How Every Business Is the Same: A Peek Inside the Movies

For the past two weeks my house has been an “on location” film set. Movie making seems so glamorous, but after a few small peeks behind the curtain, like most things, it is mostly a lot of work.

It is so easy to assume that any business in which you don’t have direct experience is more interesting, easier, more fun… (you can pick any descriptor you choose). But when you really get down to basics, most businesses have lots of the same characteristics, both good and bad. The trick is to figure out what will make YOU happy, what YOU find interesting, and what YOU will find easy because it is the right match for YOU!

There Are Messy Details Everywhere

Anytime you wistfully look at another person’s business, you are rarely getting the full picture. This is particularly true if their industry or finished product is associated with your hobby or some form of entertainment. Since your association is based solely around “fun,” it is easy to dismiss all that must go on in the background.

I am a big movie fan, but until my house was used in a shoot, I had never really thought about all that must go on when a scene is filmed on location. Any time there is an on-location shoot, someone’s lives have been disrupted in some manner. I had never really thought about it before, but now I notice every time.

It is not that I couldn’t have figured it out – it is completely logical. But when it is not our business, it just seems like a small item. But getting access to locations includes negotiations, contracts, lots of pre-shoot visits, and many other details. And that is just one small aspect of the business.

Things Rarely Go As Planned

Even when you are highly experienced in your area of business, unexpected events will occasionally upset the flow of things. Generally there are two responses:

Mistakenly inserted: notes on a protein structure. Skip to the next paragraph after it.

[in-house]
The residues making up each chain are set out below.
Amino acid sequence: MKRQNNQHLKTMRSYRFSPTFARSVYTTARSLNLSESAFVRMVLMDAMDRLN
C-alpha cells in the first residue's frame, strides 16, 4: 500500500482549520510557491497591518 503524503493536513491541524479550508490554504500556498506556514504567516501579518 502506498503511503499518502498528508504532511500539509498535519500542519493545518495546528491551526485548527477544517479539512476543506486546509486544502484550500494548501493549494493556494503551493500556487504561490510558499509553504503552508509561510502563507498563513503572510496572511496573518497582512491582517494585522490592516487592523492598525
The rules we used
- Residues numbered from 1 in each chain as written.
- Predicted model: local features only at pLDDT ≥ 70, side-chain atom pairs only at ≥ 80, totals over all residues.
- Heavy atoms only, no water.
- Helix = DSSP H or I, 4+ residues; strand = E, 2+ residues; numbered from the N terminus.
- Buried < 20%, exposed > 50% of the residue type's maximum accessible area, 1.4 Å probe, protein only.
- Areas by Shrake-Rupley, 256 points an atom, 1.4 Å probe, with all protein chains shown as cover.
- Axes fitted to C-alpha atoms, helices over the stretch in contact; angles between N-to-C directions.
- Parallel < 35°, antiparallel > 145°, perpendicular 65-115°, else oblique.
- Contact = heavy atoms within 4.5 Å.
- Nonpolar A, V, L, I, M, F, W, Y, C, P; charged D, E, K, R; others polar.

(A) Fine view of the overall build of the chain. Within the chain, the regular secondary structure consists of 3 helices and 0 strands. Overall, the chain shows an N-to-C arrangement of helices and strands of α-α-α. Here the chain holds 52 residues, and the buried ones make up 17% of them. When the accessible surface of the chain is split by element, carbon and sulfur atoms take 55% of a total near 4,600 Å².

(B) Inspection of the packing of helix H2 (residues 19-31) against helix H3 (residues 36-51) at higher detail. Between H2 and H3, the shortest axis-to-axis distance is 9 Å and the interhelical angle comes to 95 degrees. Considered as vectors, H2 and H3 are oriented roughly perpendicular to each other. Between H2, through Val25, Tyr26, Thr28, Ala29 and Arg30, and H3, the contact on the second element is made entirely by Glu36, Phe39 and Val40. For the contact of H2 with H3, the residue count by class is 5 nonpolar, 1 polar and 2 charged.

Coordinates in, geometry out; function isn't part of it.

1. You can get upset (potentially losing even more time).
  2. You can be a problem solver and move on as quickly and efficiently as possible.

I have no idea what the details are, but it turns out that the film crew is going to need my house for an additional day followed by a full day of cleaning (they have made it EXTREMELY dirty on purpose).

When you see a movie in its final format, it always looks like everything went just as planned. And although we hear about “multiple takes” we never consider there might have been other issues that kept the movie from being filmed as planned.

The more you can choose to be a “problem-solver” versus a “reactor,” the more successful you will ultimately be in whatever is your business. No situation is ever perfect, how we handle it is what makes all the difference.

Good Work Takes Time

Because I gave up my home, I was asked if I wanted to be an extra in a diner scene that takes place in the movie. I figured it would be interesting, so I jumped at the chance. Ultimately I was at the location from 10AM to 4PM with about 45 minutes for lunch. What got filmed will probably not take more than 5  – 10 minutes of screen time (assuming it doesn’t ultimately get cut).

This is not to say that things were not running efficiently – quite the opposite was true based on my perspective. But to get good raw footage, each micro scene has to be filmed from a variety of perspectives. You don’t switch between characters talking without taking the shot from both angles. This meant that heavy camera equipment and dollies had to be moved and re-positioned multiple times.

It is completely possible that only one camera angle could have worked, but the short-cut would very likely have shown up in the final version. When something looks effortless, it is rarely the case. Usually a lot of time was invested, if not in creating the end result, then in developing skills. And most often it is a combination of both.

Making Movies Is a Business Too

More than anything else, I have realized that everyone’s business, regardless of what it is, has similar issues both good and bad. If it is something you love, then the long hours don’t seem so long. Although the view from the outside may seem all “sunshine and roses,” every business has similar issues and challenges. And ultimately, no one is ever successful without investing the time and effort needed for the job at hand.

PS — An extra perk of this whole process was that I got to meet and speak briefly with a star from one of my favorite shows of days gone by… that officially gives me a Bacon Number of 3!